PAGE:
I probably don’t need to tell you how amazing Alfred Hitchcock’s psychology is. It’s not only one of the best horror movies on Netflix right now, it’s one of the best movies ever made, period. Everyone knows the story: Bates Motel is run by Norman Bates (Anthony Perkins), who’s burdened with taking care of his homicidal old mother. That’s what he believes, anyway. Hitchcock’s direction, the performances of the actors, the screenplay by Joseph Stefano (based on a novel by Robert Bloch, inspired by real world killer Ed Gein), the fantastic dialogue, the shocking moments of violence… psychology is a masterwork in every department. If you haven’t seen it yet, you should head over to Netflix right away.
Mike Flanagan is one of the most interesting filmmakers we have working in the horror genre today, and thankfully he has a great set-up at Netflix. Their collaboration has given us the Stephen King adaptation Gerald’s Game, The Haunting of Hill House and Bly Manorand the upcoming series Midnight Mass – and it all started with Netflix releasing Hush. Starring Kate Siegel (who also wrote the script with Flanagan), this is a very simple and straightforward home invasion slasher, but it stands out from the pack of other films like this due to the fact that Siegel’s character Maddie is a strong, interesting, easy-to-root-for heroine who also happens to be deaf, which her attacker (John Gallagher Jr.) uses to his advantage when sneaking around in her house. Flanagan has several great entries on his filmography, and this 82 minute story of Heroine vs. Slasher in one secluded location ranks as one of his best.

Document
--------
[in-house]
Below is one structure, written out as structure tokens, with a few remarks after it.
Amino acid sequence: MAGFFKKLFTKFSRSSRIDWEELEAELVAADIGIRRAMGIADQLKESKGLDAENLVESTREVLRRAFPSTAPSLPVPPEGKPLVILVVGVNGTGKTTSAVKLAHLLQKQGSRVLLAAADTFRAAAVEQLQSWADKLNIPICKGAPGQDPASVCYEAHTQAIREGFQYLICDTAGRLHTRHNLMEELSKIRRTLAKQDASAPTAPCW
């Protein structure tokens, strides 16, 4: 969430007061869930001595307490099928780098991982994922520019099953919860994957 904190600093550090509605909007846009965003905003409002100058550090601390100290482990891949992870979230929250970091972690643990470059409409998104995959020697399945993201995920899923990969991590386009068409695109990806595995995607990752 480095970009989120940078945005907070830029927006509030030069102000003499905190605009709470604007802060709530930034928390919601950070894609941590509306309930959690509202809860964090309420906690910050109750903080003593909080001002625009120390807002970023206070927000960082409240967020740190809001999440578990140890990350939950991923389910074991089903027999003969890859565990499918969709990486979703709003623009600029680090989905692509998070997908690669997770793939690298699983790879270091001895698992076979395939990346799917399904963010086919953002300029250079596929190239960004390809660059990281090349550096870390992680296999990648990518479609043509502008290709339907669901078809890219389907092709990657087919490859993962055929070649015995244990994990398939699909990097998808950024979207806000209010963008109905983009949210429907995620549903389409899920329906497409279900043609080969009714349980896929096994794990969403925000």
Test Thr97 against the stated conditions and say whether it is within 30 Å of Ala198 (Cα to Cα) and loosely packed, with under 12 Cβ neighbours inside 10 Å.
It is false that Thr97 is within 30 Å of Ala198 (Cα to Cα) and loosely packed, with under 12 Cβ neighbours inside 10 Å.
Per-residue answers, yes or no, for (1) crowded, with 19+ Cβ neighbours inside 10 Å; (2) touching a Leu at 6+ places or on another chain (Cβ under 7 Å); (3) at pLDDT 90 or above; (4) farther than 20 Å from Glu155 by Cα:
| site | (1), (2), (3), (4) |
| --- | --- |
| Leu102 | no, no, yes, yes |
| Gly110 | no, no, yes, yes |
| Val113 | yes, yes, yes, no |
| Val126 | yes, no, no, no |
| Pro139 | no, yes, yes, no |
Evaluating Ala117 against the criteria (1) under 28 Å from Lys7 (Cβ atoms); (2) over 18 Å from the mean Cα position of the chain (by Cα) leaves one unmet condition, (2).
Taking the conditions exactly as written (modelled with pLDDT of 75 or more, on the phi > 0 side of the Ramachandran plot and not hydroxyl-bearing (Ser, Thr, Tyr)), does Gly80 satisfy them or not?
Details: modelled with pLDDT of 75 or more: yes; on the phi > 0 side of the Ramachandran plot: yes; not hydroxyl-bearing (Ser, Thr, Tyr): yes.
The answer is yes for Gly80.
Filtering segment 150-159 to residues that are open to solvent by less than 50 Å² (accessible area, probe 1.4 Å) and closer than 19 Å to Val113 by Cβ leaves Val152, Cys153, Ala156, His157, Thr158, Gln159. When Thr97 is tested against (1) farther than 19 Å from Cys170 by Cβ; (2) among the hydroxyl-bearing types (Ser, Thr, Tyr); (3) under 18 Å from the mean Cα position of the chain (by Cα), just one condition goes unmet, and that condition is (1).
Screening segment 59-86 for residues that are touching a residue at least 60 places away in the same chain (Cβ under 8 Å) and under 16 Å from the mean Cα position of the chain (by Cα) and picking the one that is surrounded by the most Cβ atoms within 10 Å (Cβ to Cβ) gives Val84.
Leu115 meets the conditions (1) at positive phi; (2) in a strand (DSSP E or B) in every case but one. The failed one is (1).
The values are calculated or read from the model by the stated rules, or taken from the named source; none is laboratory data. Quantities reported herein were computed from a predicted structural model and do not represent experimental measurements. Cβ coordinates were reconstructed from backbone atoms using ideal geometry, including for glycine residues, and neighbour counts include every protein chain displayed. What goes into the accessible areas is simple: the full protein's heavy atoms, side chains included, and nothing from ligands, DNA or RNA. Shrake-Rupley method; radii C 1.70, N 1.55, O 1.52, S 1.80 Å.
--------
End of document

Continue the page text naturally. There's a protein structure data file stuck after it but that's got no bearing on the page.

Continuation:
THE CONJURING (2013)
Not many great movies have come out of the “Conjuring Universe”, but the main Conjuring movies are leagues above most of the spin-offs that have been released over the years. Director James Wan delivered one of the best haunted house movies of this century, and the greatest thing about it is the chemistry between Patrick Wilson and Vera Farmiga as married paranormal investigators Ed and Lorraine Warren. Their interactions alone would make The Conjuring worth watching, but then Wan surrounds them with masterfully crafted scenes of suspense and jump scares as they try to rid a family’s home of an evil spirit and dig into a back story of Satanism and witchcraft.
Some of my favorite films are zombie movies, but the sub-genre has gotten really played out in recent years. When zombies can be seen in TV shows every week, it’s tough to work up enthusiasm when a new zombie project shows up. The secret to success is to make sure the audience cares about the characters who have been dropped into the zombie apocalypse scenario, and that’s what Cho Il-hyung did with the South Korean film #Alive. #Alive centers on gamer Oh Joon-woo (Yoo Ah-In) who is home alone in his family’s apartment when the zombie outbreak hits. Low on food and water, worried about his family, Joon-woo is about to give up – until he realizes there’s a young woman (Park Shin-hye as Kim Yoo-bin) trapped in the building across from his. These are very likeable characters, and it’s fascinating to watch them struggle to survive with a horde of flesh-eating creatures waiting just outside their apartments.
THE CALL (2013)
Session 9 director Brad Anderson crafted a really entertaining thriller with The Call, which is about a teenage girl named Casey (Abigail Breslin), who has been abducted by a serial killer and stuck in the trunk of his car. Luckily, Casey manages to call 911 from the trunk, getting in contact with a dispatcher Jordan (Halle Berry), who stays on the phone with her throughout her ordeal, trying to coach her through the situation while the police desperately try to track her down and catch the killer. Packed with thrills and tense situations, The Call is a riveting film that became the #1 movie on Netflix for a while when it reached the streaming service earlier this year, nine years after it was first released.
Do you think these are the best horror movies on Netflix right now? What are some of your favorites?